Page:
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Last week we learned that false teachers and false prophets were already among us and that they would lead many Christians astray. They do it by teaching things that are not true and too many Christians don’t realize it because as a whole, the church doesn’t study the Bible. The best way to combat false teaching is to be a student of God’s Word and learn its truths. This morning Peter enters what if land through a series of rhetorical questions.
2 Pet. 2:4-6 tells us, “For if God spared not the angels that sinned, but cast them down to hell, and delivered them into chains of darkness, to be reserved unto judgment; and spared not the old world, but saved Noah the eighth person, a preacher of righteousness, bringing in the flood upon the world of the ungodly; and turning the cities of Sodom and Gomorrah into ashes condemned them with an overthrow, making them an example unto those that after should live ungodly.”
There is a natural progression of events in the world. Do you ever wonder if God is paying attention? How long will the wicked people of the world keep going? That’s a reasonable question in light of the wickedness of the world. Sometimes though, we may have the wrong attitude. Sometimes we’re looking for revenge and not justice. In the grand scheme of things, time is not our friend. We want to see things right in front of our eyes. We want our prayers answered immediately. When we call on God, we want an immediate response. Isn’t that ironic? God often calls and calls to us, but we’ll get back to Him on our time table; we need to think about it, pray about it, or seek council from our friends. We’re like little children demanding action. Quit wondering – judgment is coming, but it’s on God’s schedule.
Throughout history, God has consistently judged the wicked. Now Peter goes on to provide examples of God’s judgment. There are three examples of judgment and two examples of preservation that we’ll look at next week. In his first example in v. 4, Peter mentions angels. When you think of angels, you may think white robes, halos, wings, playing the harp. You might think guardian angels. The reality is there are bad angels – demons. What makes them bad? They sinned. Sin has always been judged and it will always be judged. The specific sin of the angels is not mentioned here so we have to go back to Genesis to find out. Take a look at Gen. 6:1-4. I’m not going to pretend this isn’t a difficult passage. In a nutshell, here’s what happened. Sons of God refer to angels and daughters of men refer to women. These angels looked at the daughters of men and saw that they were beautiful. Beautiful literally means good. Sound familiar? It’s the same word used to describe how Eve felt about the fruit of the tree that led her to take it. So these angelic beings took humans as their wives and engaged in activity reserved for husband and wife. They crossed over the boundaries established by God. Because this happened God, “Cast them into hell and committed them to the pits of darkness, reserved for judgment.” The word translated hell here is not the normal word gehenna used elsewhere in Scripture. It is the Greek word tartaroo meaning underworld or gloomy dungeons. We don’t know for certain exactly what that means since Scripture speaks of the influence and presence of demons today. We do know that there is a final judgment awaiting them.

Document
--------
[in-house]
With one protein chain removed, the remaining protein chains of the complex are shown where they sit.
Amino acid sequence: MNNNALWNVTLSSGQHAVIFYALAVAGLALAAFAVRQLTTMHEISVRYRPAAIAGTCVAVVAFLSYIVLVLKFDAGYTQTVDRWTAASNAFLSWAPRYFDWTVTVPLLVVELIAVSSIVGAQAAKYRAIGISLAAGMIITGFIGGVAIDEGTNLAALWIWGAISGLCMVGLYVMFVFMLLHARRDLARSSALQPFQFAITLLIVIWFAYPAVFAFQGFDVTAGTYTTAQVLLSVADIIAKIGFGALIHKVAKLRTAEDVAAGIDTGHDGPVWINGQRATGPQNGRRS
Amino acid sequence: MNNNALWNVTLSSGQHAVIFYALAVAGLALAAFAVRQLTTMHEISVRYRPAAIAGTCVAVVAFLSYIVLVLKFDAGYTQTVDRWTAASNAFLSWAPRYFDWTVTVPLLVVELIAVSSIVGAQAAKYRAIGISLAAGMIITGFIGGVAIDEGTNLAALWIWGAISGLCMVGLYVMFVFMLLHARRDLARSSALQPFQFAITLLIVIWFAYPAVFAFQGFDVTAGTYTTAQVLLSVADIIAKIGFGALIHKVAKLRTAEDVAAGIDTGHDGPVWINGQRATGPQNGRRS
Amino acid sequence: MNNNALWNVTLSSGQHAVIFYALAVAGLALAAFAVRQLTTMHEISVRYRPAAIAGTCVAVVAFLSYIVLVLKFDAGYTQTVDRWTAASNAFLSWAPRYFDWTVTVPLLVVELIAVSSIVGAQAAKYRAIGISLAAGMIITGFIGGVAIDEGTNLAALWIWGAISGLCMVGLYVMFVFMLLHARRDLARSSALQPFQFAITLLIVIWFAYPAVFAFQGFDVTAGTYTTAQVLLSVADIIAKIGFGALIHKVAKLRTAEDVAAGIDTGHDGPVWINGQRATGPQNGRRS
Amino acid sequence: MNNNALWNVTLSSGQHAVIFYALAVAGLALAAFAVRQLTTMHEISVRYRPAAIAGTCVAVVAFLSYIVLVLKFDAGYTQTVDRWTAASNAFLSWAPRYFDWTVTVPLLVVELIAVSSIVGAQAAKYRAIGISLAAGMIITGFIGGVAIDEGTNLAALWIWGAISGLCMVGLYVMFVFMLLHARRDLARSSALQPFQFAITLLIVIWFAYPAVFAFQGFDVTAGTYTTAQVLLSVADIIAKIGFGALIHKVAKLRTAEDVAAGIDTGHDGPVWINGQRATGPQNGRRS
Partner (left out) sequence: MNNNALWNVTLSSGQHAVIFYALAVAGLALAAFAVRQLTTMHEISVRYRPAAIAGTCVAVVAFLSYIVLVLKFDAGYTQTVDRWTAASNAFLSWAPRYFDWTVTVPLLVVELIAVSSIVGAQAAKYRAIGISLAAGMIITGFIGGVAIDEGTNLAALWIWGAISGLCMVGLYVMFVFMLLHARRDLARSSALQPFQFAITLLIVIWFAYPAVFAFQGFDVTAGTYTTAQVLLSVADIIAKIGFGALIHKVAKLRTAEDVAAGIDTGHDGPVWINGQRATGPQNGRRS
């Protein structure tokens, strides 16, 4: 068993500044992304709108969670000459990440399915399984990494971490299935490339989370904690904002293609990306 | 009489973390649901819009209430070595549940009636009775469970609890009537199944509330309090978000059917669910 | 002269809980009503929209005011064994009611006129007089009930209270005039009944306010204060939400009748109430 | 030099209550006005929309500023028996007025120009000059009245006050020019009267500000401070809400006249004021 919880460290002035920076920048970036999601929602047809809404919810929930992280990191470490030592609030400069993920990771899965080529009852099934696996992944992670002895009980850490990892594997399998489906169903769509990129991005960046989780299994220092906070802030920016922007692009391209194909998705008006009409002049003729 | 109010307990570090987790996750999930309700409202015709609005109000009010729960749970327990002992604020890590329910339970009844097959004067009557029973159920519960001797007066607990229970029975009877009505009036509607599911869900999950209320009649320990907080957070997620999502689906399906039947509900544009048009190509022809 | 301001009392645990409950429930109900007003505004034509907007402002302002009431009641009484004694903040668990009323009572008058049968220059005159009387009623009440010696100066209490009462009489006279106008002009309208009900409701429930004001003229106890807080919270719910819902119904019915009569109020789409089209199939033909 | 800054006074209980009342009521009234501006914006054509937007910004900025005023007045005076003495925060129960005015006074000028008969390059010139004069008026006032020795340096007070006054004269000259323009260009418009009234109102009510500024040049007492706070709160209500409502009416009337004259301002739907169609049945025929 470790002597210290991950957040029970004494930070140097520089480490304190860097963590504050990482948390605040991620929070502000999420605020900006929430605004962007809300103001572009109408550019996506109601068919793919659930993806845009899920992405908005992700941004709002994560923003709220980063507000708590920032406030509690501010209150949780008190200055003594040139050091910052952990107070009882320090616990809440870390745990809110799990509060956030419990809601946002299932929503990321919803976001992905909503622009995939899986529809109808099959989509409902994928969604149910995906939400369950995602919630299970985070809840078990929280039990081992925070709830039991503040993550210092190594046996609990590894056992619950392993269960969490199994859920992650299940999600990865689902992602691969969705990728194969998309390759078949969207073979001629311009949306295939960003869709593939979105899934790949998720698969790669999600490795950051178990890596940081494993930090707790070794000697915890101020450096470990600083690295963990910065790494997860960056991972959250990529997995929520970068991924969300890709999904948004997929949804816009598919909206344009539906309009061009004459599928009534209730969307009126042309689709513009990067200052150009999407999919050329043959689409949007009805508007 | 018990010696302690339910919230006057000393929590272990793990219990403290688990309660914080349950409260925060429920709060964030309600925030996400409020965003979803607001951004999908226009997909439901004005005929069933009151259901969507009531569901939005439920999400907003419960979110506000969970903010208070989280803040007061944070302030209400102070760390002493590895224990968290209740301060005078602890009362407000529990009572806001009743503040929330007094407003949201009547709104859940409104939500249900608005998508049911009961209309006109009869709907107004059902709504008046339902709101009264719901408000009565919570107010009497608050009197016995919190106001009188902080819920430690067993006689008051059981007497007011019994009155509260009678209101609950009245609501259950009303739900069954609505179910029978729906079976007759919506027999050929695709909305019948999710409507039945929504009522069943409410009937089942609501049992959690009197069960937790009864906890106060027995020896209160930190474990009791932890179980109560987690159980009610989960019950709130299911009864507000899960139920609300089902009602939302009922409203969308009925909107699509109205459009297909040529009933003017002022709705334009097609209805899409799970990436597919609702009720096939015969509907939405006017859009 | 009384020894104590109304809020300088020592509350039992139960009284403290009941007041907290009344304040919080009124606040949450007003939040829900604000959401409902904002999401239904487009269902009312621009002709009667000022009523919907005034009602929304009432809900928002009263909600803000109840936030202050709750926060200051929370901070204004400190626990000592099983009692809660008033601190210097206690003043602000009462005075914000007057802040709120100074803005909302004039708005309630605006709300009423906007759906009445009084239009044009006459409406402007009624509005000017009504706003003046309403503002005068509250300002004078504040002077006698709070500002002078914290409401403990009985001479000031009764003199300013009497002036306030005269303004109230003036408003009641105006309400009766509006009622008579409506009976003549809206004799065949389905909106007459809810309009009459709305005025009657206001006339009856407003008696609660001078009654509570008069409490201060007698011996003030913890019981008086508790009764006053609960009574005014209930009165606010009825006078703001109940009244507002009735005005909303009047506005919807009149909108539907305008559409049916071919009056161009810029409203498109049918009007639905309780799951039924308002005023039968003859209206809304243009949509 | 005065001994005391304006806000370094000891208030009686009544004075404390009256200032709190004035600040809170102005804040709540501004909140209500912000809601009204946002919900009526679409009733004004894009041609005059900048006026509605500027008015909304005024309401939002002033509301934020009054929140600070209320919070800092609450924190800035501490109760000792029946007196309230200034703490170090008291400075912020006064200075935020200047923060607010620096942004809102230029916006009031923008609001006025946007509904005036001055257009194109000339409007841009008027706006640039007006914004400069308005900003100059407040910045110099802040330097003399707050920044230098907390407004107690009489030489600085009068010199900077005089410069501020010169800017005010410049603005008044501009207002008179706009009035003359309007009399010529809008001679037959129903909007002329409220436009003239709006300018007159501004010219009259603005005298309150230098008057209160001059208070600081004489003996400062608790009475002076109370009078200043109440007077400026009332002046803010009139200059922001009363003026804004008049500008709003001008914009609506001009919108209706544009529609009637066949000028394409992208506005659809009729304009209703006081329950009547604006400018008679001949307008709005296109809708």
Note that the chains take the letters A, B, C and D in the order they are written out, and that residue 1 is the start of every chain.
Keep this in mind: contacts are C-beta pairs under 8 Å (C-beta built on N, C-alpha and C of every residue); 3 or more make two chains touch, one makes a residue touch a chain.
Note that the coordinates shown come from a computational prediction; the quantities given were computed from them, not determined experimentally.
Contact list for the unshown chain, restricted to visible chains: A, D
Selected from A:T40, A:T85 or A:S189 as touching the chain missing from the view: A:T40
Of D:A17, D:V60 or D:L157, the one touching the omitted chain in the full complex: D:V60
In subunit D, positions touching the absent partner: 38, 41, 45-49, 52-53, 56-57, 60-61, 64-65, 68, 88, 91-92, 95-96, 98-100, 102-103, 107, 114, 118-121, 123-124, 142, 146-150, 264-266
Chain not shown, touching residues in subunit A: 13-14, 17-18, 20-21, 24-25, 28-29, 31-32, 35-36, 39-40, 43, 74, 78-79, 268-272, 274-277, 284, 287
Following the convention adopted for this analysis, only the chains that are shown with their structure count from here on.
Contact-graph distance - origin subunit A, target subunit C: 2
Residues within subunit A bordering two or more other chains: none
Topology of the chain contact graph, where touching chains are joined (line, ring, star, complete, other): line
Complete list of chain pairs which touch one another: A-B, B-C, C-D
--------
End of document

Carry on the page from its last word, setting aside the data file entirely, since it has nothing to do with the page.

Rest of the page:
The second example may be more familiar to you. Peter talks about Noah and the seven others. We need to go back to Genesis once again and see what was happening. Gen. 6:5 says, “The Lord saw that the wickedness of man was great on the earth, and that every intent of the thoughts of his heart was only evil continually.” 6:11 goes on to say that the earth was corrupt and filled with violence. Peter repeats the phrase, “Did not spare,” from v. 4 referring to the wickedness and corruption and violence. As a result, God brought, “A flood upon the world of the ungodly.” Notice the universal judgment.
Peter’s final example is that of Sodom and Gomorrah. I hope you’re following along. So take a look at v. 6. Genesis 19 tells the story and we know from post biblical writings that these two cities were reduced to ashes from the fire and brimstone God sent. The word destruction comes from the Greek word katastrophe. Peter did not mention what their sin was, but it was enough for God to bring destruction because of His condemnation over their sin. The point Peter is making is that God’s judgment is coming. The rest of v. 6 says, “having made them an example to those who would live ungodly lives thereafter.” It is certain. It is just. It applies to those that live their lives in contradiction to what the Scriptures expect of us. Peter’s assumption is that if you profess a love for Jesus, your life would reflect that. The qualities of 2 Pet. 1:5-7 are present and growing in your life. You’re becoming more and more Christ like. Your love is unconditional. Your desires are to fulfill the will of God. You don’t act on your feelings and emotions. You stand unwaveringly on the Word of God. God’s judgment serves as an example to the ungodly and to those that profess His name.
When you are engaged in an authentic relationship with Jesus Christ, you have nothing to fear. God’s wrath and God’s love cannot be separated. There are consequences for sin, that’s part of God’s character. We must remember the examples provided, not to cause fear, but to know the promises of God are real and true whether we can see them or not.